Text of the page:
• Roman Kazinnik

Convolutional Neural Networks: Recipe to Find Optimal Architecture and Avoid Redundancy

I will talk about convolutional neural networks and how you can optimize their architecture while eliminating redundancy. Let’s get started.

What are Convolutional Neural Networks?

A convolutional neural network, also known as CNN, is a deep learning algorithm that takes in an image as an input and weighs the varied objects in the image to differentiate them from each other. What makes CNN a better algorithm is the fact that it requires no image features pre-processing. Instead, CNN automatically creates features that help to increase model accuracies.

CNN can also be seen as a process that creates an intuitive multi-scale representation of an image.

How Does CNN Work?

Essentially CNN is a sequence of Convolutions, and each convolution can be viewed as a projection to a lower-dimensional space. This projection can also be implemented as an embedding projection into higher-dimensional space.

Multi-scale approximation analysis is a classical area of mathematical analysis, and I apply this theory to share rules on how to avoid redundant model architectures and create optimal CNN model architectures.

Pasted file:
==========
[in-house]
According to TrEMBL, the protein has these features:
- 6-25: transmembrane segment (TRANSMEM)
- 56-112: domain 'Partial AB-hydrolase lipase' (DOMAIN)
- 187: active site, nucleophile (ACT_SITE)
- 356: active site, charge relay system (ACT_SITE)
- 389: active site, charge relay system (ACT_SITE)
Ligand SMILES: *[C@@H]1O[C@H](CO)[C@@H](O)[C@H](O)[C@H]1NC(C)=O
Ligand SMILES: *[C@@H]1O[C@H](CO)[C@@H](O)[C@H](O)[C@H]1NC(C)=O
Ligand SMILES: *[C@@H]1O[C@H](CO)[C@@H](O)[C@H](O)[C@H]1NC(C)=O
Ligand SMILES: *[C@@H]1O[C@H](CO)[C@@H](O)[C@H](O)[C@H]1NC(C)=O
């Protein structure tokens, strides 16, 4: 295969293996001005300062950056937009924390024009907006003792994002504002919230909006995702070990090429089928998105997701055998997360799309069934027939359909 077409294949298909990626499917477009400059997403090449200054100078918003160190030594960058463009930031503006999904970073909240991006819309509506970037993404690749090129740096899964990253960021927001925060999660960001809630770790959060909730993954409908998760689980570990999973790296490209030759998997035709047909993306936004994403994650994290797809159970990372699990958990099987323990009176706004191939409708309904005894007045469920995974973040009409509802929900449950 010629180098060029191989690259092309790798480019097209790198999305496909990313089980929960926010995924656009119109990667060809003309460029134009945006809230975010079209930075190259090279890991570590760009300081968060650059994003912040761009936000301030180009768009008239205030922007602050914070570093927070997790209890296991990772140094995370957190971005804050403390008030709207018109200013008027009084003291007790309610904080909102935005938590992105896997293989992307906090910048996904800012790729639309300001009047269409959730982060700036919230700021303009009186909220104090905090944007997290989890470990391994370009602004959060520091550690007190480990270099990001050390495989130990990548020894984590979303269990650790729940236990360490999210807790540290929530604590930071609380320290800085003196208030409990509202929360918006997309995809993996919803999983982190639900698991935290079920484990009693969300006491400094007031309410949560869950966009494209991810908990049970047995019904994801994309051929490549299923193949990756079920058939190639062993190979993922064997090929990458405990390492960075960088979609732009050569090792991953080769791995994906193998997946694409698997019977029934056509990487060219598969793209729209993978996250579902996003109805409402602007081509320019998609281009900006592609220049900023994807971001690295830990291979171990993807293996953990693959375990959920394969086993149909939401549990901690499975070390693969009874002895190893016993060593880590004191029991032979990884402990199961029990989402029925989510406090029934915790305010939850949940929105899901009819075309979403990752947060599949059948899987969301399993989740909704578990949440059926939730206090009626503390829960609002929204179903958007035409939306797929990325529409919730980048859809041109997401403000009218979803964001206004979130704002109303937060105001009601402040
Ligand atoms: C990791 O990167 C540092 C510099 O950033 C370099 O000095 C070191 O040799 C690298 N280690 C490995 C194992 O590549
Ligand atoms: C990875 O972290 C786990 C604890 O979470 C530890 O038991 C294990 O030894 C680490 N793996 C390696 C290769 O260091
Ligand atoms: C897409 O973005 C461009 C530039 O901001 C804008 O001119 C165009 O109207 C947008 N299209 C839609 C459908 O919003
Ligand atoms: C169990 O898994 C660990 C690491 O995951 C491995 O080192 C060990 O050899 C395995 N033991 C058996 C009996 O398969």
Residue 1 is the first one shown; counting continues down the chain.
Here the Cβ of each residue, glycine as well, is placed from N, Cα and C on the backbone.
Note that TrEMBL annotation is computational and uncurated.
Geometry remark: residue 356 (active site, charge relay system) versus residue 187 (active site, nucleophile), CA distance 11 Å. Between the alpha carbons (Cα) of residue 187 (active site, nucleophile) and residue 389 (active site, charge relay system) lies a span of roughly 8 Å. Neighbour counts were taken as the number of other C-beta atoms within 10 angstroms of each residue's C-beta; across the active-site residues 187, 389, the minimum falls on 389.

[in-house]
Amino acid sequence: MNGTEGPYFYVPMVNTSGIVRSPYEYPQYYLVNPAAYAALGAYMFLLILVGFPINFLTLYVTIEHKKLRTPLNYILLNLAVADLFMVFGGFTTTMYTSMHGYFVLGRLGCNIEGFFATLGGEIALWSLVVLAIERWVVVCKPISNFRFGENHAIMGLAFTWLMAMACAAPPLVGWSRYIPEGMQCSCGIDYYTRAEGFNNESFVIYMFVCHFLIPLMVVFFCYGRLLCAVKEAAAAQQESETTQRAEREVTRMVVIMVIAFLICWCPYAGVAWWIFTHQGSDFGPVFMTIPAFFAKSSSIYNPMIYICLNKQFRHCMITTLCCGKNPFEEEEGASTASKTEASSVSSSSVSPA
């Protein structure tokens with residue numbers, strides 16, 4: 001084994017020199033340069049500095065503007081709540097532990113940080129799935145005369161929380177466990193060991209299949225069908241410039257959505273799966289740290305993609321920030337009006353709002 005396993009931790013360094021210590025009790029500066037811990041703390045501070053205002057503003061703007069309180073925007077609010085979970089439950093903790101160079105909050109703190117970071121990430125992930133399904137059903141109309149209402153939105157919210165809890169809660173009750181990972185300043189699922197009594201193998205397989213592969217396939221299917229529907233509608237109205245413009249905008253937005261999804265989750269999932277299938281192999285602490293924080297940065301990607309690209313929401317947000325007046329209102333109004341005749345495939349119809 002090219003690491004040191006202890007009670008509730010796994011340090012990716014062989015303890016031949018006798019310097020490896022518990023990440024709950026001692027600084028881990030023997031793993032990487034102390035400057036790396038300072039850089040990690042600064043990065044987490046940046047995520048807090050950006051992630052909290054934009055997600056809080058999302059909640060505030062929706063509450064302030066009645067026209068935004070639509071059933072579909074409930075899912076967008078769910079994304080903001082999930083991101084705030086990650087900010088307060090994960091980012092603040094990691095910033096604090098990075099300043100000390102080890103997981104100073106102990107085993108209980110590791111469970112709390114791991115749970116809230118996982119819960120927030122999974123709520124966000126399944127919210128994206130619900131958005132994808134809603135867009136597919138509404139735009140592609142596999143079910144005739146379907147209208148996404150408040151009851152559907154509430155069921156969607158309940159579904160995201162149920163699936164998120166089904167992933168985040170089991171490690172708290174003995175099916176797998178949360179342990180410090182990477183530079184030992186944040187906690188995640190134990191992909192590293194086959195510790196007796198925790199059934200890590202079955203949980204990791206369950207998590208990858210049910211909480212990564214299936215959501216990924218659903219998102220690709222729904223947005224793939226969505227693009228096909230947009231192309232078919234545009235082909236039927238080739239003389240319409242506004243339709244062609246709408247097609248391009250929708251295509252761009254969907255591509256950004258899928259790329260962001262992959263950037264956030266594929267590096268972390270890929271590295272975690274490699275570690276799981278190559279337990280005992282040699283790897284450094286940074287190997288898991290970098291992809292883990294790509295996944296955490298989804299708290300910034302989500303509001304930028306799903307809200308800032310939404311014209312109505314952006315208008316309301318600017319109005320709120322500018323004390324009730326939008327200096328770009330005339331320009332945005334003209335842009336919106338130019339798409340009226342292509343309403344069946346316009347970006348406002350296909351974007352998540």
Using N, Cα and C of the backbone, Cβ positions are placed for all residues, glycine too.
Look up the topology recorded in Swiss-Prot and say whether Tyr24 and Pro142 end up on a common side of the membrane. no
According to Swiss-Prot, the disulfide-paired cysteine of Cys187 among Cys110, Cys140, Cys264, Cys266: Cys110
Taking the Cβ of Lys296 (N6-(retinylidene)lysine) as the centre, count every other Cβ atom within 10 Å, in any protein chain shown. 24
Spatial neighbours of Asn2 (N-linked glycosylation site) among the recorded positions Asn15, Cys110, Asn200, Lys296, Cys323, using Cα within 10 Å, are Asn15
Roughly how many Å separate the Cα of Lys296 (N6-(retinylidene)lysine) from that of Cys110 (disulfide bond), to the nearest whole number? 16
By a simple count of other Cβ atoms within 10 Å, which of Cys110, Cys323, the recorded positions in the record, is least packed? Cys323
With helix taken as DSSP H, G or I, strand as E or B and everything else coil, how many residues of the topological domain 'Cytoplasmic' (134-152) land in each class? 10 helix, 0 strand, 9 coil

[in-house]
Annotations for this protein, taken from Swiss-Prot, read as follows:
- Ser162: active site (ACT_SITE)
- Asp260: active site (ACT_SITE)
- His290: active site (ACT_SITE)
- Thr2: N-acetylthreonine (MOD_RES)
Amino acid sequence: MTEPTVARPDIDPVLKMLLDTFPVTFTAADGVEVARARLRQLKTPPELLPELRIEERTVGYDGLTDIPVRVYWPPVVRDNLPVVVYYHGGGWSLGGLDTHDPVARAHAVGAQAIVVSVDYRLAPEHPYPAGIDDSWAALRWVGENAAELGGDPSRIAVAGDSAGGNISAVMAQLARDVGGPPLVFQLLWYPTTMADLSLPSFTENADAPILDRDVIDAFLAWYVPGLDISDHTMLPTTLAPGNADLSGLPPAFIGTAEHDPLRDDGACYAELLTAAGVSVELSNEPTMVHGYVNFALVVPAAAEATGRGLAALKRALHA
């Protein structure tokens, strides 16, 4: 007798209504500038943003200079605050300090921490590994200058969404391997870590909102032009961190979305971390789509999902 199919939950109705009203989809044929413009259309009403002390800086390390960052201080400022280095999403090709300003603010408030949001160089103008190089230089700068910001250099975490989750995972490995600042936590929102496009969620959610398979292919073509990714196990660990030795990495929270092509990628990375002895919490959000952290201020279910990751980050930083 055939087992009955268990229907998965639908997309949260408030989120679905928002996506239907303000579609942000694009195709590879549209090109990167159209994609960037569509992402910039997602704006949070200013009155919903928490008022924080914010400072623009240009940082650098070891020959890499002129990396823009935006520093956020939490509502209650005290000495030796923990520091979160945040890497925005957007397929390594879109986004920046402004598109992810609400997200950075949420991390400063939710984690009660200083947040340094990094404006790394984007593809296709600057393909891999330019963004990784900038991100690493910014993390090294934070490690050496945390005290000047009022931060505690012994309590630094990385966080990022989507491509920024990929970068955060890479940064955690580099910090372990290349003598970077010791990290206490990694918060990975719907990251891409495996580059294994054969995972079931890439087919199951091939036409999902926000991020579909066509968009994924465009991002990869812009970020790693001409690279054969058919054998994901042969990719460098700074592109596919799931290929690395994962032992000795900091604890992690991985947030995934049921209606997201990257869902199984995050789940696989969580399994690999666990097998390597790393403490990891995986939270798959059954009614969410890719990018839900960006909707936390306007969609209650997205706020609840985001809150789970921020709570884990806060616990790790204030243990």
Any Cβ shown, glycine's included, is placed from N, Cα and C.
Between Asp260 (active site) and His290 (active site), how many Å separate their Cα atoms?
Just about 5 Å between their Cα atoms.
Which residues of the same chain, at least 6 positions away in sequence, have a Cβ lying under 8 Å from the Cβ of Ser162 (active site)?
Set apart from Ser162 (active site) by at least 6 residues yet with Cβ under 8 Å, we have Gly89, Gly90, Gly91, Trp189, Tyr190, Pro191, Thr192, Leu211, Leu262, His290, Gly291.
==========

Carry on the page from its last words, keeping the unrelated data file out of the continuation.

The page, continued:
As an illustration, I will compare the following three CNN architectures:

1. 'Road sign' CNN architecture

2. Remove the two concatenated sections denoted as '2x2 max pool' and '4x4 max pool' from the 'flatten' layer

3. Three-headed model: add two softmax outputs for each of the two concatenated sections in the 'flatten' layer denoted as '2x2 max pool' and '4x4 max pool'.

I am going to review the multi-scale theory and decomposition into low-resolution and detail layers. I will illustrate how this theory directs to treat the 'flatten' layer in a special way.

Figure 1: Convolutional Neural Network Architectures

Model Architecture: Optimal Versus Redundant

Accurate predicting can be regarded as a search for efficient data representation. As an illustration, one can think about a deep neural network binary classification model as a series of transformations with the goal to find an efficient data representation that separates the two classes. In data representation, redundancy is well defined in data representation that aims at finding the smallest basis sets. The final dense layer can be viewed as the representation of the data.

An example of redundancy in modeling is: if one model achieves 99% accuracy with a 10-long final dense layer, a model architecture that needs a longer representation for the same accuracy can be viewed as redundant.

Why Avoid Redundant Model Architectures? Efficient models will require smaller data to achieve an equivalent accuracy. The amount of data needed to achieve certain accuracy can be viewed as another indicator of model architecture redundancy.

Let's add more intuition to Projection, Multi-Scale, and Redundancy.

A Deep Neural Network Is A Sequence Of Multi-Scale Transforms.

Figure 2